Figure 2: A hierarchy for the category of sign.

 

 

In principle, a hierarchy of signs misses "foundations" at both ends. In one direction, it is always possible to 'upgrade' to yet another level of context, that is, of aggregation. And in the other direction, levels may always be added for more detailed signs resulting from continued decomposition. Therefore, boundaries are again pragmatic, i.e. dependent on interests.

It is also possible to start counting levels from what I assume as the most-encompassing context. In figure 3, the diagramming style is also changed to reflect the hierarchy as immediately recognizable. The upper boundary forms the level assigned the number zero. It is drawn as a thick, solid and horizontal line at the top. Now it is easier to determine how sign and context are relative concepts. Take the sign at level n. Its context consists of the ordered collection of signs {n-1, n-2, …., 1, 0}.

Figure 3: Sign and context as relative concepts in a single category.

 

 

Applying this diagramming style it is easier to recognize that, given the sign — at level — n, decomposition hasn't yet been included. Then, what shows up from decomposition, as in figure 4, is a concept at the 'opposite' of context. Nowhere in the literature could I discover any antecedent for such a concept strictly within the category of sign. I therefore invented a label myself: intext (Wisse, 2001). And to remove confusion between sign as a category on the one hand and sign as a node constituting the category on the other hand, I renamed the latter: signature (Wisse, 2002). A signature, as signature, serves the vital function of relating a particular context and a particular intext. As I will demonstrate shortly, variety control is especially supported when signatures are as much as possible limited to performing just this relational function.

Figure 4: Sign category constituted by three relative concepts.

 

 

It should be clear from figure 4 that signature may shift. A move to an upward node results in both a wider context, requiring a correspondingly smaller number of nodes, and a wider intext, requiring a correspondingly larger number of nodes. And moving the signature downward has of course the opposite effect. This 'system' of relative sign yields infinite variety. For any sign can be signature or part of any other signature's context and/or intext. Actually, again Welby already pronounces a definitely structuralist view of language (also see Saussure, 1916, p 107: "The mechanism of a language turns entirely on identities and differences.") as follows (approx. 1887):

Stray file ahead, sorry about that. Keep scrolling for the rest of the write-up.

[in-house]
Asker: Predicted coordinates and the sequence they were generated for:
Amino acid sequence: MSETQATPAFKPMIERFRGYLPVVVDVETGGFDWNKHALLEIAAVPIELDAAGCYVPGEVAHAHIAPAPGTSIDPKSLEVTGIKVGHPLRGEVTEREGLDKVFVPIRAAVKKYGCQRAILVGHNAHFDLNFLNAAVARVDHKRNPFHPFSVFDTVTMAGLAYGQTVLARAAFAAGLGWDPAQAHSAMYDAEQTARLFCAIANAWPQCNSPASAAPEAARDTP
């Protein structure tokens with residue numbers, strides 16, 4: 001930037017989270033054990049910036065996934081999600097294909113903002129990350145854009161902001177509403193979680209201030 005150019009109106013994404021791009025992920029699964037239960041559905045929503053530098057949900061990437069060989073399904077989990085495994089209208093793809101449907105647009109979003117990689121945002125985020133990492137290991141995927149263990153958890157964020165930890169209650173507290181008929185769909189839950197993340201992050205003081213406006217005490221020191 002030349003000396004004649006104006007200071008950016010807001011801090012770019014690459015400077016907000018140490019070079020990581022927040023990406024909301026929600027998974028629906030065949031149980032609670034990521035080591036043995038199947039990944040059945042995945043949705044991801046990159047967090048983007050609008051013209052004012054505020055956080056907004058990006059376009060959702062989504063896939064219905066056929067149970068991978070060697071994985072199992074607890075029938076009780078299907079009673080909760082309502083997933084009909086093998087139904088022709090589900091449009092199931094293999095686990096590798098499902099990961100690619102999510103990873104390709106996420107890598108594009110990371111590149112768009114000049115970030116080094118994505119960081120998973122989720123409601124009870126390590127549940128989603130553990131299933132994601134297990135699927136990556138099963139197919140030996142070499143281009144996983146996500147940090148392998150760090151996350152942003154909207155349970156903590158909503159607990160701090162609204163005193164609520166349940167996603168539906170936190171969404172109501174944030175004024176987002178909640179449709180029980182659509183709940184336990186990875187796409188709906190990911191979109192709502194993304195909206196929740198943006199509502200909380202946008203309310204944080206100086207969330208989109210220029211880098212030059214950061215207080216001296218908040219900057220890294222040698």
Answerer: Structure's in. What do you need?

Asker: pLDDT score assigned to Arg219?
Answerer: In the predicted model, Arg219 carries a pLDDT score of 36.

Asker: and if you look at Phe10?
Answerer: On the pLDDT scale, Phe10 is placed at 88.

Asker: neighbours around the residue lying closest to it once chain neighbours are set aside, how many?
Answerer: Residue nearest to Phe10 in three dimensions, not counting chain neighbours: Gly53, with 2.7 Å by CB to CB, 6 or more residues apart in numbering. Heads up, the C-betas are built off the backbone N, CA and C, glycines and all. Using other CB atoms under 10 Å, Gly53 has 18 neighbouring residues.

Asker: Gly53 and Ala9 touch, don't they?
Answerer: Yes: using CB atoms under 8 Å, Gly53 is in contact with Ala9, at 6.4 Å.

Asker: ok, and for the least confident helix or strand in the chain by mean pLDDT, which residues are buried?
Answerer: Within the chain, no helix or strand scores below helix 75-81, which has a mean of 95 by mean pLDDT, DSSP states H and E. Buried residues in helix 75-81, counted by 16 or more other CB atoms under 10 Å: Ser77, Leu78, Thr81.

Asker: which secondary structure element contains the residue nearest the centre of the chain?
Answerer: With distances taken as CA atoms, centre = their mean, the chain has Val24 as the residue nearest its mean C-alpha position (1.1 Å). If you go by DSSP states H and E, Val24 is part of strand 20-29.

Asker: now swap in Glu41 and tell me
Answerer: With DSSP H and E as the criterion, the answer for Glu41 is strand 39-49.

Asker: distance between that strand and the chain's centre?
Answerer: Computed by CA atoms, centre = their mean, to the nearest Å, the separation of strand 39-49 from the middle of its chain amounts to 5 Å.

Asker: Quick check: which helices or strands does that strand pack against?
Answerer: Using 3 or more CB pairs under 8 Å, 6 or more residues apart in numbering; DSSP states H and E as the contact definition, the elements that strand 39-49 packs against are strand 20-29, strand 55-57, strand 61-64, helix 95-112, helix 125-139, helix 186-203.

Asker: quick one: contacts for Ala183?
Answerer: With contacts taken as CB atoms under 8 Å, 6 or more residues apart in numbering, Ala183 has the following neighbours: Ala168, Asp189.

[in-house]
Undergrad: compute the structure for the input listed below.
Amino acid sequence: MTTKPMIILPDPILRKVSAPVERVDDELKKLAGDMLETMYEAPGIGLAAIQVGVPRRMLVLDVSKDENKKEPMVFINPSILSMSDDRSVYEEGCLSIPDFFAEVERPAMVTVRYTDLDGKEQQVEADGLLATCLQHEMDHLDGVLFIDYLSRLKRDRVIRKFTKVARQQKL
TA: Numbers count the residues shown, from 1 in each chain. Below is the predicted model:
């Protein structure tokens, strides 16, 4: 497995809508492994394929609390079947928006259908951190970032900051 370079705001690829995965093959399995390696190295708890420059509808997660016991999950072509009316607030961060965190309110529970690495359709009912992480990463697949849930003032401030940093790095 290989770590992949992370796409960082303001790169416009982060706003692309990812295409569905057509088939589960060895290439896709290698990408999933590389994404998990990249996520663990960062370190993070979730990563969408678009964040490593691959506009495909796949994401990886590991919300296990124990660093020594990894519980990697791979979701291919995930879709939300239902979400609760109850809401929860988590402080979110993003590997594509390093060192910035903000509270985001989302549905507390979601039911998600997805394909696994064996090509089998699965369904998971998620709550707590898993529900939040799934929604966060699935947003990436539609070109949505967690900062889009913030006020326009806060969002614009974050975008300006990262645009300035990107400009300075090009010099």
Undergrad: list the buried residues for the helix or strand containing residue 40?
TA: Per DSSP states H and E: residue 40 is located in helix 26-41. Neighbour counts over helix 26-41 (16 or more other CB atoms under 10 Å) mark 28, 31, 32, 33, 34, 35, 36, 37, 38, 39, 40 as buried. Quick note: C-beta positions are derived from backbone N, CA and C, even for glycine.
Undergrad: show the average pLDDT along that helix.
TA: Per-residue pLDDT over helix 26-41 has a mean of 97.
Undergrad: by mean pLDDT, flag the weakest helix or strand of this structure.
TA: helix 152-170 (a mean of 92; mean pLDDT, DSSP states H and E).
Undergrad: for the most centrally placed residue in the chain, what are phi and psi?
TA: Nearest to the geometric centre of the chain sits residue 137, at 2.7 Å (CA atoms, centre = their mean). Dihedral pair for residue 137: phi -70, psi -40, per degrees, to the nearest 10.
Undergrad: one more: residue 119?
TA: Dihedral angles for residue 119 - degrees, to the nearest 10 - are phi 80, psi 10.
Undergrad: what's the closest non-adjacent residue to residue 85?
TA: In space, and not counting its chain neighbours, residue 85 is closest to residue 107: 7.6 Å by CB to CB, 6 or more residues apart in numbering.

It belongs to the order of words in which whenever the one is used the other is implied: a principle constantly overlooked, to great confusion of thought and language.

I also like her image of how past achievements 'control' future developments (1903, p 16):

[A]dvance is spiral, that is, must sweep back on itself to take up ancient things and set them in new light and on new quests in new directions.

It definitely sounds like Peirce's sketch of semiotic dynamics. The control mechanism that is here subject to design is optimized because the concepts constituting a category are not only relative. In addition, the value for two concepts may each be expressed in terms of values for the third. This makes for compactness of expression, a benefit that Welby acknowledges, too (1911.b, p 77; 1903, p 61):

There can be, of course, no question of the convenience and economy of using one word in many senses. [...] The wealth of variation in language, far from being an evil, is a priceless advantage.